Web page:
VLSI Technology LLC v. Intel Corporation, No. 1:2018cv00966 - Document 626 (D. Del. 2020)

Court Description: MEMORANDUM OPINION. Signed by Judge Colm F. Connolly on 6/26/2020. (fms) (Main Document 626 replaced on 6/26/2020) (fms).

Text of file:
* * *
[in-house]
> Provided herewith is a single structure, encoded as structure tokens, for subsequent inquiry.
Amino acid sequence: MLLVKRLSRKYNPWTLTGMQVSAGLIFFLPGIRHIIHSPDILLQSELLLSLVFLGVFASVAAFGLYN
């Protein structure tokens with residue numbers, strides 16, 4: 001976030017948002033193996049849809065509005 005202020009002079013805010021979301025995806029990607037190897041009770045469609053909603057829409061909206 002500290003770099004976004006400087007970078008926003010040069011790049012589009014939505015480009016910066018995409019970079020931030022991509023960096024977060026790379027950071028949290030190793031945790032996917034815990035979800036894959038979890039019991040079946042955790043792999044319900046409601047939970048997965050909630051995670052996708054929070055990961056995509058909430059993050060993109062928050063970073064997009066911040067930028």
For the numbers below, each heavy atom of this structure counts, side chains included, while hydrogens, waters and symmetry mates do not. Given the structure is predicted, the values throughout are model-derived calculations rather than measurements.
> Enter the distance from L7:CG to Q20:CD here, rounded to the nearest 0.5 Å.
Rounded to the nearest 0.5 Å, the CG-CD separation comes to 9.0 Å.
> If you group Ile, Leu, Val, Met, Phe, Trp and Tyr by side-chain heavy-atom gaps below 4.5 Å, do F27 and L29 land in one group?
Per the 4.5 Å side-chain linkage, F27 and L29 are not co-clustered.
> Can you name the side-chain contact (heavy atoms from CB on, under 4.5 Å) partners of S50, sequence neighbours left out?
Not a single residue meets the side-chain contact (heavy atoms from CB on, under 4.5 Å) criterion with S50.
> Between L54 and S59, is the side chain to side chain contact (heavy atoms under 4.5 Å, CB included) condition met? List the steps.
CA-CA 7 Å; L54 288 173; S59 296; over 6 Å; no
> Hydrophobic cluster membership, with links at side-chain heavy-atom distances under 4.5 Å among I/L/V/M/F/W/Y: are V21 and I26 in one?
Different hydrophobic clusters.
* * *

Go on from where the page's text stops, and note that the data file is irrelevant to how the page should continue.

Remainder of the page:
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VLSI Technology LLC v. Intel Corporation Doc. 626 Case 1:18-cv-00966-CFC-CJB Document 626 Filed 06/26/20 Page 1 of 12 PageID #: 21024 IN THE UNITED STATES DISTRICT COURT FOR THE DISTRICT OF DELAWARE VLSI TECHNOLOGY LLC, Plaintiff, V. Civil Action No. 18-0966-CFC INTEL CORPORATION, Defendant. Brian E. Fmnan, Michael J. Fmnan, FARNAN LLP, Wilmington, Delaware; Morgan Chu, Benjamin Hattenbach, Amy Proctor, Dominik Slusarczyk, Charlotte J. Wen, IRELL & MANELLA LLP, Boston, Massachusetts; Christopher Abernethy, Iian Jablon, Adina Stohl, Brian Weissenberg, IRELL & MANELLA LLP, Los Angeles, California; Ben Yorks, IRELL & MANELLA LLP, Newport Beach, California Counsel for Plaintiff Jack B. Blumenfeld, Jeremy A. Tigan, MORRIS, NICHOLS, ARSHT & TUNNELL LLP, Wilmington, Delaware; Robert Kent, TURNER BOYD LLP, Redwood City, California Counsel for Defendant MEMORANDUM OPINION June 26, 2020 Wilmington, Delaware Dockets.Justia.com Case 1:18-cv-00966-CFC-CJB Document 626 Filed 06/26/20 Page 2 of 12 PageID #: 21025 c o ~NNOLL v UNITED STATES DISTRJCT JUDGE Pending before me is VLSI Technology LLC's motion to amend its Complaint. D.I. 257. By its motion, VLSI seeks to add claims for indirect infringement and for enhanced damages based on willful infringement of U.S. Patent Nos. 6,212,633 (the #633 patent) and 7,523,331 (the #331 patent). 1 Defendant Intel Corporation opposes the motion insofar as the claims VLSI seeks to add are for pre-suit infringement. D.I. 275 at 1, 4. 2 1 VLSI also seeks in its motion to add claims for indirect infringement and for enhanced damages based on willful infringement of U.S. Patent Nos. 7,247,552 (the #552 patent) and 8,081,026 (the #026 patent). D.I. 257 at 1. The case, however, has been stayed with respect to those patents; and the paiiies have agreed that "VLSI's requests [in the present motion to amend] to add allegations regarding the [#]026 and [#]552 patents need not be decided at this time." D.I. 617 at 3. 2 Intel also objected to VLSI's motion to the extent VLSI sought to add claims for enhanced damages based on post-suit willful infringement of the #633 patent, which expired before VLSI filed this suit. D.I. 275 at 18. In its reply brief, however, VLSI "clarif[ied] that it is not alleging post-filing willful infringement" of that patent. D .I. 286 at 2 n.1. For reasons not clear from the record, Intel has not objected to VLSI's remaining claims for post-suit indirect infringement and enhanced damages based on post-suit willful infringement. See VLSI Tech. LLC v. Intel Corp., 2019 WL 1349468, at *2 (D. Del. Mar. 26, 2019) (holding that "the complaint itself cannot serve as the basis for a defendant's actionable knowledge" for a willful infringement claim because "[t]he purpose of a complaint is not to create a claim but rath~r to obtain relief for an existing claim"); Kaufman v. Microsoft Corp., 2020 WL 364136, at *4 (S.D.N.Y. Jan. 22, 2020) (holding that "Plaintiffs theory [of post-suit knowledge of asserted patents] is without merit" and "not the law in this district"). Case 1:18-cv-00966-CFC-CJB Document 626 Filed 06/26/20 Page 3 of 12 PageID #: 21026 I. BACKGROUND VLSI's Complaint originally included claims for indirect infringement of the #633 and #331 patents and enhanced damages based on willful infringement of those patents. D.I. 1 ,r,r 32-33, 37, 114-15, 119. Intel, however, moved to dismiss those claims, D.I. 17, and I granted Intel's motion because the Complaint failed to state a plausible claim that Intel knew of or was willfully blind to Intel's infringement of the two patents, D.I. 110 at 5. In support of its attempt to reintroduce these claims to the case, VLSI seeks to add to the Complaint allegations that Intel "regularly monitors its competitors' activities, which are often in the same field and involve similar products"; that "Intel has acknowledged that competitors may have patents covering similar products"; that the prior assignee of the #633 and #331 patents, NXP, is Intel's competitor and Intel monitors NXP's activities; and that Intel previously engaged NXP to purchase "other NXP patents." Id., Ex. A ,r,r 32, 123. VLSI also seeks to add more detailed allegations regarding Intel's "publiclyknown corporate policy forbidding its employees from reading patents held by outside companies or individuals." Id., Ex. A ,r,r 33, 124. VLSI's proposed amended complaint states that Intel employees "have admitted that this policy's purpose is to avoid possible triple damages for willful infringement." Id., Ex. A ,r 33 (internal quotation marks omitted). And the proposed amended complaint 2 Case 1:18-cv-00966-CFC-CJB Document 626 Filed 06/26/20 Page 4 of 12 PageID #: 21027 alleges that "[b]ecause a patentee cannot recover triple damages for an infringer's mere knowledge of a patent, Intel's policy necessarily include[s] avoiding review of known patents to avoid learning of infringement." Id., Ex. A ,r 3 3. VLSI argues that "[w]ith these new allegations, VLSI's proposed complaint states a claim that is more than plausible for enhanced damages based on Intel's willfulness, and for pre-filing indirect infringement." Id. at 2. II. LEGAL STANDARDS A. Motion to Amend "If the complaint, as amended, would not survive a motion to dismiss, leave to amend may be denied as futile." Delaware Display Grp. LLC v. Lenovo Grp. Ltd., Lenovo Holding Co., 2016 WL 720977, at *7 (D. Del. Feb. 23, 2016) (citation omitted). To survive a motion to dismiss, a complaint must set forth enough facts, accepted as true, to "state a claim to relief that is plausible on its face." Bell At!. Corp. v. Twombly, 550 U.S. 544, 570 (2007). A claim is facially plausible "when the plaintiff pleads factual content that allows the court to draw the reasonable inference that the defendant is liable for the misconduct alleged." Ashcroft v. Iqbal, 556 U.S. 662, 678 (2009) (citation omitted). Deciding whether a claim is plausible is a "context-specific task that requires the reviewing court to draw on its judicial experience and common sense." Id. at 679 ( citation omitted). Detailed factual allegations are not required, but the complaint must include more than mere 3 Case 1:18-cv-00966-CFC-CJB Document 626 Filed 06/26/20 Page 5 of 12 PageID #: 21028 "labels and conclusions" or "a formulaic recitation of the elements of a cause of action." Twombly, 550 U.S. at 555 (citation omitted). B. Indirect Infringement Indirect infringement "requires knowledge of the patent in suit and knowledge of patent infringement." Commil USA, LLC v. Cisco Sys., Inc., 135 S. Ct. 1920, 1926 (2015). A patentee can establish knowledge of patent infringement by showing that the defendant was willfully blind-i.e., by showing that the defendant (1) subjectively believed that there was a high probability that the induced acts constituted infringement and (2) took deliberate actions to avoid learning of that fact. Global-Tech Appliances, Inc. v. SEE SA., 563 U.S. 754, 769 (2011). C. Enhanced Damages Based on Willful Infringement Section 284 of the Patent Act "gives district courts the discretion to award enhanced damages against those guilty of patent infringement." Halo Elecs., Inc. v. Pulse Elecs., Inc., 136 S. Ct. 1923, 1935 (2016). The statute provides that "the comi may increase the damages up to three times the amount found or assessed." 35 U.S.C. § 284. Although the Cami in Halo intentionally "eschew[ed] any rigid formula for awarding enhanced damages under§ 284," 136 S. Ct. at 1934, the Court held that the legal principles "developed over nearly two centuries of application and interpretation of the Patent Act ... channel the exercise of [the 4 Case 1:18-cv-00966-CFC-CJB Document 626 Filed 06/26/20 Page 6 of 12 PageID #: 21029 district court's] discretion" and "limit[ ] the award of enhanced damages to egregious cases of misconduct beyond typical infringement," id. at 193 5. Thus, enhanced damages awards under § 284 are available only in "egregious cases" of misconduct that involve more than "typical" infringement. Id. As the Court explained, the enhanced damages award provided by§ 284 was "designed as a 'punitive' or 'vindictive' sanction for egregious infringement behavior ... [that] has been variously described in [the Court's] cases as willful, wanton, malicious, bad-faith, deliberate, consciously wrongful, flagrant, or-indeed-characteristic of a pirate." Id. at 1932. Although"§ 284 allows district courts to punish th[is] full range of culpable behavior," id. at 193 3, in the vast majority of patent cases filed today, claims for enhanced damages are sought based on allegations of willful misconduct-so much so that, even though the words "willful" and "willfulness" do not appear in § 284, plaintiffs and courts more often than not describe claims for enhanced damages brought under§ 284 as "willful infringement claims." Indeed, some parties and courts refer to such claims as willful infringement "causes of action" even though§ 271 of the Patent Act, which creates causes of action for direct, induced, and contributory infringement, does not mention or suggest such a thing 5 Case 1:18-cv-00966-CFC-CJB Document 626 Filed 06/26/20 Page 7 of 12 PageID #: 21030 as "willful infringement." 3 The fact that willfulness is the most common type of misconduct alleged by plaintiffs who invoke § 284 makes sense, as willful conduct "serve[ s] as [the] floor for culpable behavior that may incur enhanced damages." ROBERT L. HARMON, CYNTI-IlA A. HOMAN & LAURA A. LYDIGSEN, PATENTS AND THE FEDERAL CIRCUIT, § 17.3(a), at 1378 (13th ed. 2017). It also explains the Court's statement in Halo that enhanced damages under § 284 "should generally be reserved for egregious cases typified by willful misconduct." 136 S. Ct. at 1934 (emphasis added). In assessing the egregiousness of a defendant's conduct for§ 284 purposes, "culpability is generally measured against the knowledge of the [defendant] at the time of the challenged conduct." Id. at 1933. The Court in Halo rejected the Federal Circuit's requirement announced in In re Seagate Technology, LLC, 497 3 See, e.g., Valinge Innovation AB v. Halstead New Eng. Corp., 2018 WL 2411218, at *5 (D. Del. May 29, 2018); Milo & Gabby, LLC v. Amazon.com, Inc., 12 F. Supp. 3d 1341, 1353 (W.D. Wash. 2014); Trs. of Univ. ofPa. v. St. Jude Children's Research Hosp., 982 F. Supp. 2d 518, 529-30 (E.D. Pa. 2013); MONEC Holding AG v. Motorola Mobility, Inc., 897 F. Supp. 2d 225,236 (D. Del. 2012); Inv. Tech. Grp., Inc. v. Liquidnet Holdings, Inc., 759 F. Supp. 2d 387,409 (S.D.N.Y. 2010); Powell v. Home Depot U.S.A., Inc., 715 F. Supp. 2d 1285, 1290 (S.D. Fla. 2010); Dura Glob. Tech., Inc. v. Magna Donnelly Corp., 665 F. Supp. 2d 787, 789 (E.D. Mich. 2009); Cognitronics Imaging Sys., Inc. v. Recognition Research Inc., 83 F. Supp. 2d 689, 691 (E.D. Va. 2000); Heil Co. v. Hartford Accident and Indem. Co., 937 F. Supp. 1355, 1361 (E.D. Wis. 1996); In re Recombinant DNA Tech. Pat. and Contract Litig., 850 F. Supp. 769, 771 (S.D. Ind. 1994). 6 Case 1:18-cv-00966-CFC-CJB Document 626 Filed 06/26/20 Page 8 of 12 PageID #: 21031 F.3d 1360 (Fed. Cir. 2007) (en bane) that a patentee show "objective recklessness" in order to prove willful misconduct for § 284 purposes. The Court reasoned that the "objective recklessness" test insulated many of the most culpable infringers from§ 284's punitive sanctions because it made dispositive invalidity and noninfringement defenses asserted at trial even if the infringer had not acted on the basis of those defenses or was even aware of them. In the Court's words: "Under that standard, someone who plunders a patent-infringing it without any reason to suppose his conduct is arguably defensible-can nevertheless escape any comeuppance under§ 284 solely on the strength of his attorney's ingenuity." Halo, 136 S. Ct. at 1933. Thus, the Court held that, in cases where the asserted basis for enhanced damages is willful misconduct, it is "[t]he subjective willfulness of [the] patent infringer, intentional or knowing, [that] may warrant enhanced damages, without regard to whether his infringement was objectively reckless." Id. The Court's "intentional or knowing" clause makes clear that willful infringement is-at a minimum-knowing infringement. This standard is consistent with the Supreme Court's holding in Global-Tech, that "induced infringement under§ 271(b) requires knowledge that the induced acts constitute patent infringement." 563 U.S. at 766. Since§ 284 enhanced damages are available in cases of induced infringement, see, e.g., Barry v. Medtronic, Inc., 2019 7 Case 1:18-cv-00966-CFC-CJB Document 626 Filed 06/26/20 Page 9 of 12 PageID #: 21032 WL 302886, at *17 (Fed. Cir. Jan. 24, 2019); SynQor, Inc. v. Artesyn Techs., Inc., 709 F.3d 1365, 1385 (Fed. Cir. 2013); ACCO Brand, Inc. v. ABA Locks Mfrs. Co., 501 F.3d 1307, 1314 (Fed. Cir. 2007); Metabolite Labs., Inc. v. Lab. Corp. ofAm. Holdings, 370 F.3d 1354, 1371 (Fed. Cir. 2004), and since, under Halo,§ 284's enhanced damages award is reserved only for egregious cases, it would seem incongruous if not illogical to require a lesser showing of culpability for enhanced damages under § 284 than for induced infringement under § 271 (b ). The Federal Circuit emphasized in SRI International, Inc. v. Cisco Systems, Inc., 930 F.3d 1295 (Fed. Cir. 2019) that under Halo enhanced damages are available only if a showing of something more than intentional or knowing infringement is made: As the Supreme Court stated in Halo, "[t]he sort of conduct warranting enhanced damages has been variously described in our cases as willful, wanton, malicious, bad-faith, deliberate, consciously wrongful, flagrant, or-indeed-characteristic of a pirate." While district courts have discretion in deciding whether or not behavior rises to that standard, such findings "are generally reserved for egregious cases of culpable behavior." Indeed, as Justice Breyer emphasized in his concurrence, it is the circumstances that transform simple "intentional or knowing" infringement into egregious, sanctionable behavior, and that makes all the difference. Id. (emphasis in original) (citations omitted). 4 4 I am aware that in Arctic Cat Inc. v. Bombardier Recreational Products Inc., 876 F.3d 1350, 1371 (Fed. Cir. 2017), the Federal Circuit held that proof that a 8 Case 1:18-cv-00966-CFC-CJB Document 626 Filed 06/26/20 Page 10 of 12 PageID #: 21033 Neither the Supreme Court in Halo nor the Federal Circuit in SRI directly addressed the pleading requirements for an enhanced damages claim. Because of the difficulty in articulating precisely the range or type of circumstances that would transform a "simple 'intentional or knowing'" infringement claim into an enhanced damages claim, the safest course is to allow an enhanced damages claim to proceed beyond the pleadings stage if the operative pleading alleges facts from which it can be plausibly inferred that the party accused of infringement had knowledge of the asserted patent and lmowledge that the party's alleged conduct constituted, induced, or contributed to infringement of the asse1ted patent. And since the doctrine of willful blindness applies in patent cases, see Global-Tech, 563 U.S. at defendant "should have lmown that its actions constituted an unjustifiably high risk of infringement" was enough to establish willfulness under Halo. In so holding, the Comt expressly rejected the defendant's argument that this "'should have lmown' standard contradicts Halo." Id. Two other Federal Circuit decisions issued after Halo held that a plaintiff can establish willfulness for § 284 purposes with proof that "the defendant acted despite a risk of infringement that was either lmown or so obvious that it should have been lmown." WesternGeco L.L. C. v. Ion Geophysical Corp., 837 F.3d 1358, 1362 (Fed. Cir. 2016) (internal quotation marks and citations omitted), rev'd on other grounds, 138 S. Ct. 2129 (2018); see also WCM Indus., Inc. v. JPS Corp., 721 F. App'x 959, 970 (Fed. Cir. 2018) (citing Arctic Cat, 876 F.3d at 1371) (holding that in reviewing "under the new Halo standard" a district court's award of enhanced damages, "we must determine whether the evidence, when viewed in the light most favorable to [the plaintiff], was sufficient to prove by a preponderance of the evidence that [the defendant] acted despite a risk of infringement that was either lmown or so obvious that it should have been lmown to [the defendant]"). All three of these cases were decided before SRI, and, in my view, cannot be reconciled with Halo. I will therefore follow SRI. 9 I Case 1:18-cv-00966-CFC-CJB Document 626 Filed 06/26/20 Page 11 of 12 PageID #: 21034 766, a willful infringement-based claim for enhanced damages survives a motion to dismiss if it alleges facts from which it can be plausibly inferred that the pmiy accused of infringement ( 1) had knowledge of or was willfully blind to the existence of the asserted patent and (2) had knowledge of or was willfully blind to the fact that the pmiy's alleged conduct constituted, induced, or contributed to infringement of the asserted patent. III. DISCUSSION I will deny VLSI's motion to amend because VLSI's attempt to reallege its claims for pre-suit indirect infringement of the #633 and #331 patents and willfulness-based enhanced damages would be futile. Although, as I previously held, VLSI "plausibly alleges that Intel knew of the existence of the #633 [and] #3 31 patents," D .I. 110 at 3, VLSI' s proposed amended complaint does not plausibly allege that Intel knew of or was willfully blind to Intel's infringement of the #633 and #331 patents. First, the new proposed allegations that VLSI seeks to add to its Complaint do not support a plausible inference that Intel knew it infringed the #633 and #331 patents. The allegations state that Intel monitored its competitors' activities generally (including the prior assignee of the asserted patents, NXP), that Intel knew its competitors "may have" patents covering Intel's similar products, and that Intel engaged NXP to acquire "other" NXP patents. D.I. 257, Ex. A 10 ,r,r 32, 123. Case 1:18-cv-00966-CFC-CJB Document 626 Filed 06/26/20 Page 12 of 12 PageID #: 21035 None of those allegations, however, specifically concern the #633 or #331 patents. Allegations about monitoring competition generally and about patents not asserted here do not plausibly establish that Intel had knowledge of infringement of the #633 and #331 patents. The proposed new allegations also fail to allege plausibly that Intel was willfully blind to its infringement of the #633 and #331 patents. VSLI argues that willful blindness can be plausibly infened from its new allegations regarding Intel's "publicly-known corporate policy forbidding its employees from reading patents held by outside companies or individuals." D.I. 257 at 7. But having a general policy with respect to thousands of patents in a field of technology does not plausibly establish or imply that Intel subjectively believed there was a high probability that its acts constituted infringement of two specific patents. IV. CONCLUSION For the foregoing reasons, I will grant in part and deny in pait VLSI's motion to amend the Complaint. I will grant the motion insofar as VLSI seeks to add claims based on post-suit infringement. I will deny the motion in all other respects. The Comt will enter an order consistent with this Memorandum Opinion. 11